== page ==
Glencore already has three other large, long-term deals in place with Korean battery manufacturer SK Innovation for 30,000 tonnes (enough to make 2 million EVs with today’s cathode technology), Belgian chemicals giant Umicore and China’s GEM, a battery recycler.
Benchmark Mineral Intelligence, a battery supply chain and price reporting company, estimates that even without Tesla on the books already more than 90% of Glencore’s DRC cobalt production is locked up in long-term agreements.
A proposal from a New York charity – Sisters of the Good Shepherd – which was supposed to be voted on at Tesla’s annual shareholder meeting scheduled for July 7, but postponed due to Covid-19 – called for an investigation into Tesla’s sourcing of cobalt.
A representative of the Sisters of the Good Shepherd told S&P Global Market Intelligence that a Tesla-Glencore deal “seems to be inconsistent with their messaging around reducing their use of cobalt, and what we want to see is stronger implementation of human rights.”
Roskill says, while BMW now has deals in place for 100% of its needs, the company has not shied away from the fact that completely by-passing DRC production is almost unachievable given the scale of cobalt required in future (which is factors of current production before the end of the decade).
This is evident in several initiatives that the BMW Group is a part of, such as the Responsible Cobalt Initiative and its Cobalt for Development study in partnership with BASF, Samsung SDI and Samsung Electronics. Its involvement in these projects suggests the automotive manufacturer potentially needs to procure additional cobalt from DRC mines in future, though is focussed on a long-term strategic approach to sustainability in the region.
EVs only recently overtook mobile phones and super-alloys for the aviation industry as the main source of demand for cobalt.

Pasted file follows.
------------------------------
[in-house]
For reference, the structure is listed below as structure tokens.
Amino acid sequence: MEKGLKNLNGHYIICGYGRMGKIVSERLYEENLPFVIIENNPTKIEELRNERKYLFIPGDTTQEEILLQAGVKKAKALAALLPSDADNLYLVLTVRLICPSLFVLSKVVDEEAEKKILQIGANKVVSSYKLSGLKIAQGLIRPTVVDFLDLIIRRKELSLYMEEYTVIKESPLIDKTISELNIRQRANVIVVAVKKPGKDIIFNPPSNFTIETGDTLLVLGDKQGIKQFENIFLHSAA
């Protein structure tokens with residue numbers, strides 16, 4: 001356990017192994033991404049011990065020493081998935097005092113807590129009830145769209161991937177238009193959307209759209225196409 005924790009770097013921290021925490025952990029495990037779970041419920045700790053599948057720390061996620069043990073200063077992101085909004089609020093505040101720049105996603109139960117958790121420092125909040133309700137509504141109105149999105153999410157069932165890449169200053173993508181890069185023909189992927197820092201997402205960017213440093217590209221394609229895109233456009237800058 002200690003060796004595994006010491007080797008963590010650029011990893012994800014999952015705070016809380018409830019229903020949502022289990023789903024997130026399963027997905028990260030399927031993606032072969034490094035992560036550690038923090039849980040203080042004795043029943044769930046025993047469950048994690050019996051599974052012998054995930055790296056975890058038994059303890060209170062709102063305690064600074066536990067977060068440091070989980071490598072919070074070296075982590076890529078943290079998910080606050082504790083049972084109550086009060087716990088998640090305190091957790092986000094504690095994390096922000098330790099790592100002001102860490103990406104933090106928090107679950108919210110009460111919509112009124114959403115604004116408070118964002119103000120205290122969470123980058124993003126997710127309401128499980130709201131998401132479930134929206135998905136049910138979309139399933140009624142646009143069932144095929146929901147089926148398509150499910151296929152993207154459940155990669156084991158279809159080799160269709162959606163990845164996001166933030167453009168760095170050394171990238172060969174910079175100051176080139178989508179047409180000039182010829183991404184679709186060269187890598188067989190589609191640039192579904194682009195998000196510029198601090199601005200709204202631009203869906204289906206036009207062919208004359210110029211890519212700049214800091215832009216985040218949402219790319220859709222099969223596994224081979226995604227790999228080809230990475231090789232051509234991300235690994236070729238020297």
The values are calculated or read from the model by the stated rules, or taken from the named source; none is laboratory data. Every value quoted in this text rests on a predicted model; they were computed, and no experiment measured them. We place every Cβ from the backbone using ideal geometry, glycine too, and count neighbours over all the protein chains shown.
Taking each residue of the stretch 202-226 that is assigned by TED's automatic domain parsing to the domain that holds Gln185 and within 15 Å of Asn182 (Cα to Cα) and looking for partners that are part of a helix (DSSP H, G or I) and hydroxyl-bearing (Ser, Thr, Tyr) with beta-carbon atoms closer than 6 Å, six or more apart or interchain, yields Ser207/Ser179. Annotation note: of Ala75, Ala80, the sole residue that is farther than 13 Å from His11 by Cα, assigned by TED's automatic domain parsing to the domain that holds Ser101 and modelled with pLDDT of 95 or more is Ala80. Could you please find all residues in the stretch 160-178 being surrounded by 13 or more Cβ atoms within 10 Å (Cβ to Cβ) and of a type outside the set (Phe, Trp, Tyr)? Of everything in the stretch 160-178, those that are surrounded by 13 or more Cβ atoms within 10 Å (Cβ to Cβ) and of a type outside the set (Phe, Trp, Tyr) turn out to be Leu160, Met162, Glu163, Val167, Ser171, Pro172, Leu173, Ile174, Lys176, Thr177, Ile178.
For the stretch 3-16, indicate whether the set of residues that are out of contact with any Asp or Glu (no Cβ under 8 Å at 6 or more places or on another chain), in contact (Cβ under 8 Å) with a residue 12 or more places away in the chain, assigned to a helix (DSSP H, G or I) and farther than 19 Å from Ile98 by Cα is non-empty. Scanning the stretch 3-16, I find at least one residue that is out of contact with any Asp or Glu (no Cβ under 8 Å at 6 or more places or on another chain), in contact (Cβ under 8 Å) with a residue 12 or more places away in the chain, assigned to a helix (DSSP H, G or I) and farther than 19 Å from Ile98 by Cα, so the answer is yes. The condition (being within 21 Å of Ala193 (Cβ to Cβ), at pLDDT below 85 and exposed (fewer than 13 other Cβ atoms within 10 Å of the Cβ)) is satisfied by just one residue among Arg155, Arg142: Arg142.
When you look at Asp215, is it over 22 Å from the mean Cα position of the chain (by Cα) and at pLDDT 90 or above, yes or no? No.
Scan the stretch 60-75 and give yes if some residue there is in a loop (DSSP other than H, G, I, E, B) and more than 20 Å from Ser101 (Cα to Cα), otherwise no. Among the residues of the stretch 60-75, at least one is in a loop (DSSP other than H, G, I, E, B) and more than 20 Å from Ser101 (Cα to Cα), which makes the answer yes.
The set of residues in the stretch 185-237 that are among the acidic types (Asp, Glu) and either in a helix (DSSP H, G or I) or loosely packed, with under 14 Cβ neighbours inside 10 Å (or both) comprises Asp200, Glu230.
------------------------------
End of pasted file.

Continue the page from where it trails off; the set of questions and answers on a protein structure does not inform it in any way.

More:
Tesla, alongside Google, Apple and others, were sued by a human rights group in December 2019 for artisanal cobalt mined under unsafe and unethical conditions, including the use of child labour entering their supply chains.
At the beginning of the year, the DRC government announced the Enterprise Generale du Cobalt (EGC), whereby state-owned miner Gecamines becomes the monopoly buyer of cobalt from small scale miners.
EGC is set to kick-off within two months but Benchmark says few details have been revealed, and rather than providing greater transparency, “particularly in relation to how the material is to be traced and whether independent companies will be allowed to audit the process, the new arrangement is likely to add further opacity to the supply chain and hinder moves to formalize the artisanal sector.”
Cobalt remains by far the most expensive component of EV batteries.
After hitting near-decade highs in early 2018 above US$100,000 per tonne, prices for cobalt used in the global battery supply chain are down 70%.
Glencore’s decision to mothball its Mutanda mine in the Congo, the world’s largest and responsible for 20% global output, breathed life into the market, but the metal remains stuck in the low US$30,000s.
Benchmark’s June cobalt price index shows prices gaining 3.2% month on month to US$31,300 per tonne (100% Cu basis), but the London-based price reporting agency warned of demand weakness and receding supply fears, as raw material volumes from the DRC shipped via South Africa returns to the market.